It is also a time for us to start getting to know you as a person. This helps us personalize our recommendations to you. Together, you and your care team will decide what needs to happen next.
We encourage everyone to bring a family member or friend to their first appointment (and any future visits).
First appointments usually last up to one hour. Here is what you can expect to happen.
Many people think of chemotherapy as a cancer treatment that happens before, after or instead of surgery. But CRS-HIPEC combines chemotherapy and surgery in one operation.
In this operation, one or more surgeons will remove all the cancer they can see in your abdomen. Then they put anti-cancer medicine into the abdominal cavity. These surgeons are experts who have special training in doing this surgery.
Cancer that has spread to the lining of the abdomen (peritoneum) often started in a nearby organ — the appendix, stomach, colon, rectum, ovaries or fallopian tubes. Mesothelioma and some rare sarcomas can also spread to this lining. The same lining covers the outside of many organs in the abdomen.
In CRS, the surgeon removes the parts of the lining where they can see cancer. Often, they also need to remove parts of organs that also have cancer.
Usually, this is open surgery, meaning it is done through one large incision (cut). Sometimes, we do minimally invasive laparoscopic surgery or robot-assisted surgery .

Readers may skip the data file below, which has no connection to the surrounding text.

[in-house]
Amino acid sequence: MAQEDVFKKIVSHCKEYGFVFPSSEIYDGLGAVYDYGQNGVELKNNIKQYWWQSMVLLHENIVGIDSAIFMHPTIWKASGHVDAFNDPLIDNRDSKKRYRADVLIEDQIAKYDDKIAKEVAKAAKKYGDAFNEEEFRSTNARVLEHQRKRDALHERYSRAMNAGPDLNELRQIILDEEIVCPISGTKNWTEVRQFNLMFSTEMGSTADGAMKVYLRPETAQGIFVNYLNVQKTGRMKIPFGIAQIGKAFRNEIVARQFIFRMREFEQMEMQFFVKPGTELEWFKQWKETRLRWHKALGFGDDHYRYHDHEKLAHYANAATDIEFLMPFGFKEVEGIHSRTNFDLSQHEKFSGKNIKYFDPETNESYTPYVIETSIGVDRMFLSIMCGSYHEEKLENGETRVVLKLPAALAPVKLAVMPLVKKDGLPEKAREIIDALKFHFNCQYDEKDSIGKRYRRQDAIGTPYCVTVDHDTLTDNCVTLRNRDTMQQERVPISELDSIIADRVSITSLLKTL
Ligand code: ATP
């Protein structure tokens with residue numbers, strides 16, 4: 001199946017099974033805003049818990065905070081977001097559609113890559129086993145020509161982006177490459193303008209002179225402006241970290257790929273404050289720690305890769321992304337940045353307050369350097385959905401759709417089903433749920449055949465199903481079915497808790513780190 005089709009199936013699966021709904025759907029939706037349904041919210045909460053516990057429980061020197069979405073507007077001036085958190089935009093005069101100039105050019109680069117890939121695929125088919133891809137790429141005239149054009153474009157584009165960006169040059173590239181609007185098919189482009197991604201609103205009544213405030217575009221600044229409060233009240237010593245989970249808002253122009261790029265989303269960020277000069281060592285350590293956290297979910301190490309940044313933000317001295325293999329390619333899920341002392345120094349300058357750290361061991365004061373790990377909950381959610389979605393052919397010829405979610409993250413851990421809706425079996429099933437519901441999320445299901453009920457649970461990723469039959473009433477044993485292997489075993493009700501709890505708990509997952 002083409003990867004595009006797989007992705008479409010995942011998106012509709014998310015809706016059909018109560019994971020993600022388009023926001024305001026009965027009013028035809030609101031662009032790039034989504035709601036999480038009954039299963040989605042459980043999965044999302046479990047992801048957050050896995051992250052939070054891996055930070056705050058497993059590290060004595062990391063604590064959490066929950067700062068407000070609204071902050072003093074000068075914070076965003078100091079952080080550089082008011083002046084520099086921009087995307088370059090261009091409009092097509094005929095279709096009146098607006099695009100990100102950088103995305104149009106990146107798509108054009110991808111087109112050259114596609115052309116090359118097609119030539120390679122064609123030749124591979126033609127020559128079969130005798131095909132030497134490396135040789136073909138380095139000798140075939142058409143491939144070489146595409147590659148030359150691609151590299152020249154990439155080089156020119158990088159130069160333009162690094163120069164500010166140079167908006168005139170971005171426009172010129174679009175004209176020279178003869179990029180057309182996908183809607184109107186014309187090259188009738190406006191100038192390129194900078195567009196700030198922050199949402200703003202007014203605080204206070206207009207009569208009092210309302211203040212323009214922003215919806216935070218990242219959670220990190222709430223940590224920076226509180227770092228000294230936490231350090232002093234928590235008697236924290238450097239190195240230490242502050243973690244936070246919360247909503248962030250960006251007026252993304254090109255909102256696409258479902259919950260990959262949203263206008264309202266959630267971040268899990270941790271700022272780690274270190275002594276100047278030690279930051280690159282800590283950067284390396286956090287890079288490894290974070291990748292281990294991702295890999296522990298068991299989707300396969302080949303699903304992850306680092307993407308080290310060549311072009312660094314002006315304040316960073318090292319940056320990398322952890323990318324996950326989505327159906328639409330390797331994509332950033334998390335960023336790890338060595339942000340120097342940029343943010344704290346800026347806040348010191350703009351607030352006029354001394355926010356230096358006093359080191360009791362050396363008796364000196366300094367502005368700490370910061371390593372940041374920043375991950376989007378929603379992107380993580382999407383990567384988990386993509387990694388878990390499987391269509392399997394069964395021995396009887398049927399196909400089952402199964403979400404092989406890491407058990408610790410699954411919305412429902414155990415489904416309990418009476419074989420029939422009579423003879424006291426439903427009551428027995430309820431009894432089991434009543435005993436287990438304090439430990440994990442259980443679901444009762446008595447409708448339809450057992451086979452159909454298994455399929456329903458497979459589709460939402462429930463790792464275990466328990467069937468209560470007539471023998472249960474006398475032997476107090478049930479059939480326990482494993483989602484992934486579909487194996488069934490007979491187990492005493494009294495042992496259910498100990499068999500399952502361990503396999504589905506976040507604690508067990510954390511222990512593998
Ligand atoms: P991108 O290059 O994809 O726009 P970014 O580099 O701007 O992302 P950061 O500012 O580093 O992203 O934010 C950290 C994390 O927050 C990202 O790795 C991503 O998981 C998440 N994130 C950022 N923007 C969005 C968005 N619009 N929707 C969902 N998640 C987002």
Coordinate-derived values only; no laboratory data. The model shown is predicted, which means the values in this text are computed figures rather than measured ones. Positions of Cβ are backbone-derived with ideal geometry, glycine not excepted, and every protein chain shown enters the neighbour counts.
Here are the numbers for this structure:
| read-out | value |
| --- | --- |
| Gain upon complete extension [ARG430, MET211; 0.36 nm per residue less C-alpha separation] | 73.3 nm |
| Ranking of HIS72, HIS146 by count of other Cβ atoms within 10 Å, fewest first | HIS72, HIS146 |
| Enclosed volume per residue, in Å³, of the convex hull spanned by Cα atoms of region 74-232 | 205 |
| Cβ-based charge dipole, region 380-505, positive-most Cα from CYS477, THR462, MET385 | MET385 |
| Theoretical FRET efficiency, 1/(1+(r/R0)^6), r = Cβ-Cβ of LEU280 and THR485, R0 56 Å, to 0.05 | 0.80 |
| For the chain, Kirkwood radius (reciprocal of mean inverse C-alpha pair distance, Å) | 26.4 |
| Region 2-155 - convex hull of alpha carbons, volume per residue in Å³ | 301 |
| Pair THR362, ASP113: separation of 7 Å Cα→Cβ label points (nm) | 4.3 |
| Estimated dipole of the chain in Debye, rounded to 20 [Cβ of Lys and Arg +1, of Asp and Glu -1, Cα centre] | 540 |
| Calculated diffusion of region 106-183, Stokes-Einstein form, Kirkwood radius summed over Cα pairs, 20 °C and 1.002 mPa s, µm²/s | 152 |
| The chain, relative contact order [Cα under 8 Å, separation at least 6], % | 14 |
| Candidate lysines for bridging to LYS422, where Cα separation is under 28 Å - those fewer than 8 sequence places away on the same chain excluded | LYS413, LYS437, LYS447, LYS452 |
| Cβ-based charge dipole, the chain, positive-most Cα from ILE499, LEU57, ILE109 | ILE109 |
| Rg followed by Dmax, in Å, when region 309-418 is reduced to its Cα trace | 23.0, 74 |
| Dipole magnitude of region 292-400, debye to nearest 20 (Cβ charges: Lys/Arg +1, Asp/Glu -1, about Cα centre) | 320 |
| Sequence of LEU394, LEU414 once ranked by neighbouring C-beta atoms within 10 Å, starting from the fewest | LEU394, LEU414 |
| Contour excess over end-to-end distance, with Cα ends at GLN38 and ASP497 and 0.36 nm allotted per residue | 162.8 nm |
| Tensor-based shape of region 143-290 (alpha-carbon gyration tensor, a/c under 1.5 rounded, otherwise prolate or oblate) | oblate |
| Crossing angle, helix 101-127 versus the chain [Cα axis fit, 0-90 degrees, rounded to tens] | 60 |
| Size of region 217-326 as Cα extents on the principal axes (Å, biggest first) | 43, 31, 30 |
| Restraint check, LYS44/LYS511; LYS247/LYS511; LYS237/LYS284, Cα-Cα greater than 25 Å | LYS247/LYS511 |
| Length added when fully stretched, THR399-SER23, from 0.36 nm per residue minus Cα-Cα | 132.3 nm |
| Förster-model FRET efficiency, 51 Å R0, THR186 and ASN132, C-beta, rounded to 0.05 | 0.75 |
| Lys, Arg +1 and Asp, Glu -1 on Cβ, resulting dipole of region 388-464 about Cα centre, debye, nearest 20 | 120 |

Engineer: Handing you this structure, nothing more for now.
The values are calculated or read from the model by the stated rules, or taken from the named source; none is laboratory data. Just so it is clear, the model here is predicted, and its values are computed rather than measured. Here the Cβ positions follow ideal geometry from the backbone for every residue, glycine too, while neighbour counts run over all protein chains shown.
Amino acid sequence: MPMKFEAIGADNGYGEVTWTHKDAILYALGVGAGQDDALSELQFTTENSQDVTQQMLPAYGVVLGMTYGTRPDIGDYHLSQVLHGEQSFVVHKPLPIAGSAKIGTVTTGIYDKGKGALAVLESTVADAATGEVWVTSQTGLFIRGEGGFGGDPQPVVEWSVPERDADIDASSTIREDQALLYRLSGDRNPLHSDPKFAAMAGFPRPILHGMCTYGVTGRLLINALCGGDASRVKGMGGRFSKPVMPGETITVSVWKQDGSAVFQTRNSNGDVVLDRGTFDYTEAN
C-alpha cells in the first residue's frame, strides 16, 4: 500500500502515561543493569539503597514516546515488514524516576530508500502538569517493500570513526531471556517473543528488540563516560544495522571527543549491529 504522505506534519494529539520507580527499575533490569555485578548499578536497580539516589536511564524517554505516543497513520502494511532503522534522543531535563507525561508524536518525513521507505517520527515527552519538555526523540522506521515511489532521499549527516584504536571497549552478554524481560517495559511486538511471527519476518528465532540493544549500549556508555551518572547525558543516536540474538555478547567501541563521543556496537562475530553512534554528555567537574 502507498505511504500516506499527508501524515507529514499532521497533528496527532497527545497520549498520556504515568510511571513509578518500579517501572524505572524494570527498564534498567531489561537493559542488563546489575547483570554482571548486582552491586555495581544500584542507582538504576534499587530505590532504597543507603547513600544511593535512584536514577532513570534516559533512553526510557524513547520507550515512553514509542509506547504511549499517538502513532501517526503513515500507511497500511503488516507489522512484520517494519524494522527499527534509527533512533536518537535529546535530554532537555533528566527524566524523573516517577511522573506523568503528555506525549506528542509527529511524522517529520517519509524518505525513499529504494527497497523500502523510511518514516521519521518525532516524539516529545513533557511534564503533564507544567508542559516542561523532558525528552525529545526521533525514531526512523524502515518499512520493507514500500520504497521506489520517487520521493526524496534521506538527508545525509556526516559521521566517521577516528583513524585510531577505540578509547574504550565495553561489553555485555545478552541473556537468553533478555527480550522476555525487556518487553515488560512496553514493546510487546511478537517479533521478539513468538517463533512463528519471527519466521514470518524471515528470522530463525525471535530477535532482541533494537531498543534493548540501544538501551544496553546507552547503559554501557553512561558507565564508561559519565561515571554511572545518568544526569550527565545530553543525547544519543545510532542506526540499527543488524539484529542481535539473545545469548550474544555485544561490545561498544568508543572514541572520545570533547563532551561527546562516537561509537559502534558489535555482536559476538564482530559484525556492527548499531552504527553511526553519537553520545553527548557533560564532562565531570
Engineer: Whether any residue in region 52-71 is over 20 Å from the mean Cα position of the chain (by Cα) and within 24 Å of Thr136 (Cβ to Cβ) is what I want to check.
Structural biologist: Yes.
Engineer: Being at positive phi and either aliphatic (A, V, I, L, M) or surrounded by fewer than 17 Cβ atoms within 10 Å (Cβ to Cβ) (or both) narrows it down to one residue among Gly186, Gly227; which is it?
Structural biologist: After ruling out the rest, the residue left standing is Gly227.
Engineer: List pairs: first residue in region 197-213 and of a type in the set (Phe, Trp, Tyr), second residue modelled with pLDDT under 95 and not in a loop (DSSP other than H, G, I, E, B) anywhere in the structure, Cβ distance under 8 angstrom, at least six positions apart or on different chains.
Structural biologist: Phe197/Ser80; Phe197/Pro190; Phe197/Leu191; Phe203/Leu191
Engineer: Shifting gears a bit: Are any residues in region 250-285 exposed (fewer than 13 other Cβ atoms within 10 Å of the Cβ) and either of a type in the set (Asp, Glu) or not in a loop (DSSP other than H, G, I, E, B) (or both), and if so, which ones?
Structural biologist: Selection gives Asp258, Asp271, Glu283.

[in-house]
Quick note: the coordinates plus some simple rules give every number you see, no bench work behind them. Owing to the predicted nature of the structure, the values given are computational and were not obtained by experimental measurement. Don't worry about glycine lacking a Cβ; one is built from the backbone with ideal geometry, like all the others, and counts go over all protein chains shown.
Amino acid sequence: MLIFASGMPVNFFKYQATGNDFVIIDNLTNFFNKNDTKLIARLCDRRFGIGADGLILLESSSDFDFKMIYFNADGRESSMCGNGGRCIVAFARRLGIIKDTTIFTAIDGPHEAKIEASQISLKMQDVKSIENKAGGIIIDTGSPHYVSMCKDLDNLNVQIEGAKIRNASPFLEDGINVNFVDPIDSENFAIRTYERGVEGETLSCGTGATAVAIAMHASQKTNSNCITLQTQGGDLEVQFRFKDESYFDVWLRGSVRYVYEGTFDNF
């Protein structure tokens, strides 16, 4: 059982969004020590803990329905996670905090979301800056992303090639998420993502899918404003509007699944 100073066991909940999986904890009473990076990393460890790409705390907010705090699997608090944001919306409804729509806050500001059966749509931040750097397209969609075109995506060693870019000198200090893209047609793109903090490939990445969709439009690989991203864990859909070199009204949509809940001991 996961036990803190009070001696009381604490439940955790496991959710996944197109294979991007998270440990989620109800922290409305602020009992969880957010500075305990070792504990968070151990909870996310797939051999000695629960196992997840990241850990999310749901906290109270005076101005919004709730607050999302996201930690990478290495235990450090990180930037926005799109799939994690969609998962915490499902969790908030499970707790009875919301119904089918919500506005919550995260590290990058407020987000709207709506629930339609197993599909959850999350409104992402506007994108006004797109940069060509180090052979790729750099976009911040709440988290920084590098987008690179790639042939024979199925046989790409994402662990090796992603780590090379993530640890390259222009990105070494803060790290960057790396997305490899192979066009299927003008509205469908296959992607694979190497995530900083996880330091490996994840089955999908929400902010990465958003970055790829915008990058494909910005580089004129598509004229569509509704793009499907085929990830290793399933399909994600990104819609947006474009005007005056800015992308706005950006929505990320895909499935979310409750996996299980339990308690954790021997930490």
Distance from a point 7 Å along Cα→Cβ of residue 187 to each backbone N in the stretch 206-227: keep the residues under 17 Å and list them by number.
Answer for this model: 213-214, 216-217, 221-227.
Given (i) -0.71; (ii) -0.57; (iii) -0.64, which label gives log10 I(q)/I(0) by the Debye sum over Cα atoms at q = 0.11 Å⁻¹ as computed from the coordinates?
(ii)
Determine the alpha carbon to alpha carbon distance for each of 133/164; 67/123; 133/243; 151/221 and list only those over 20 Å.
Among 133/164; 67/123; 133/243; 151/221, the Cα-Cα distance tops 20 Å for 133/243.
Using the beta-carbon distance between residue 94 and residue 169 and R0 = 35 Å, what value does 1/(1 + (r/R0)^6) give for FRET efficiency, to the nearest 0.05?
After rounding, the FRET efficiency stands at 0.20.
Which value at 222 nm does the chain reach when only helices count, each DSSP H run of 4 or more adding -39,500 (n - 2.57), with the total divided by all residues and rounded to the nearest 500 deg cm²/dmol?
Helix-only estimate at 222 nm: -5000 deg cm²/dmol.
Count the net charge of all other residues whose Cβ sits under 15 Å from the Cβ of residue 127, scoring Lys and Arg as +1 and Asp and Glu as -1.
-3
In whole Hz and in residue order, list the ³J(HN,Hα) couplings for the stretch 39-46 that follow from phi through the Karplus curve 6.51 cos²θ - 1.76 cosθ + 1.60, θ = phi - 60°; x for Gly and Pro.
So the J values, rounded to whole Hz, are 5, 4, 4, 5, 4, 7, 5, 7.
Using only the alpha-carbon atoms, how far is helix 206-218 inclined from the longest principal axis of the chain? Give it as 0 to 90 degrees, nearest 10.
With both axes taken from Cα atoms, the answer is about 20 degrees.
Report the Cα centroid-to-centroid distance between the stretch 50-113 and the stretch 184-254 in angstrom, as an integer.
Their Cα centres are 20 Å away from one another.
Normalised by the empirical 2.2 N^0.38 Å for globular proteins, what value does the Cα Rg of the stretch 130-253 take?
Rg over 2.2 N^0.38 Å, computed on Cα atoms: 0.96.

Your surgery team will talk with you about the details of your operation, including what will happen during surgery and what to expect after.
After taking out all the cancer they can see, your surgeon puts warm, liquid chemotherapy medicine into your abdomen. The medicine is warmed because this helps it destroy any microscopic cancer cells that were left behind because they are too small to see.
The medicine flows through a tube from a machine into your abdomen. It stays inside you for about one to two hours. This helps make sure that the medicine coats your abdomen well. Then the surgeon drains the medicine, washes out your abdomen with a sterile solution and closes the incision (cut).
Compared to standard whole-body chemotherapy, which goes into your bloodstream, HIPEC has important benefits. Because HIPEC goes only into your abdomen:
At Fred Hutch and UW Medicine, our physicians and researchers are always asking how we can make treatment better and reduce side effects. This is why we do clinical trials. Through these studies, we are able to offer you therapies that are not available everywhere. This means that even if CRS-HIPEC turns out not to be the right choice for you, we may be able to provide another option.
Surgical oncologist Harveshp D. Mogal, MD, MS, has done clinical studies on outcomes for people with advanced peritoneal cancers who need CRS-HIPEC. His research has looked at topics like how we can better select candidates for this procedure, how we can reduce health concerns that might happen because of surgery and how we can improve patient well-being.
UW and Fred Hutch physicians have also done several studies for patients with advanced ovarian cancer and have ongoing studies to improve ovarian cancer outcomes.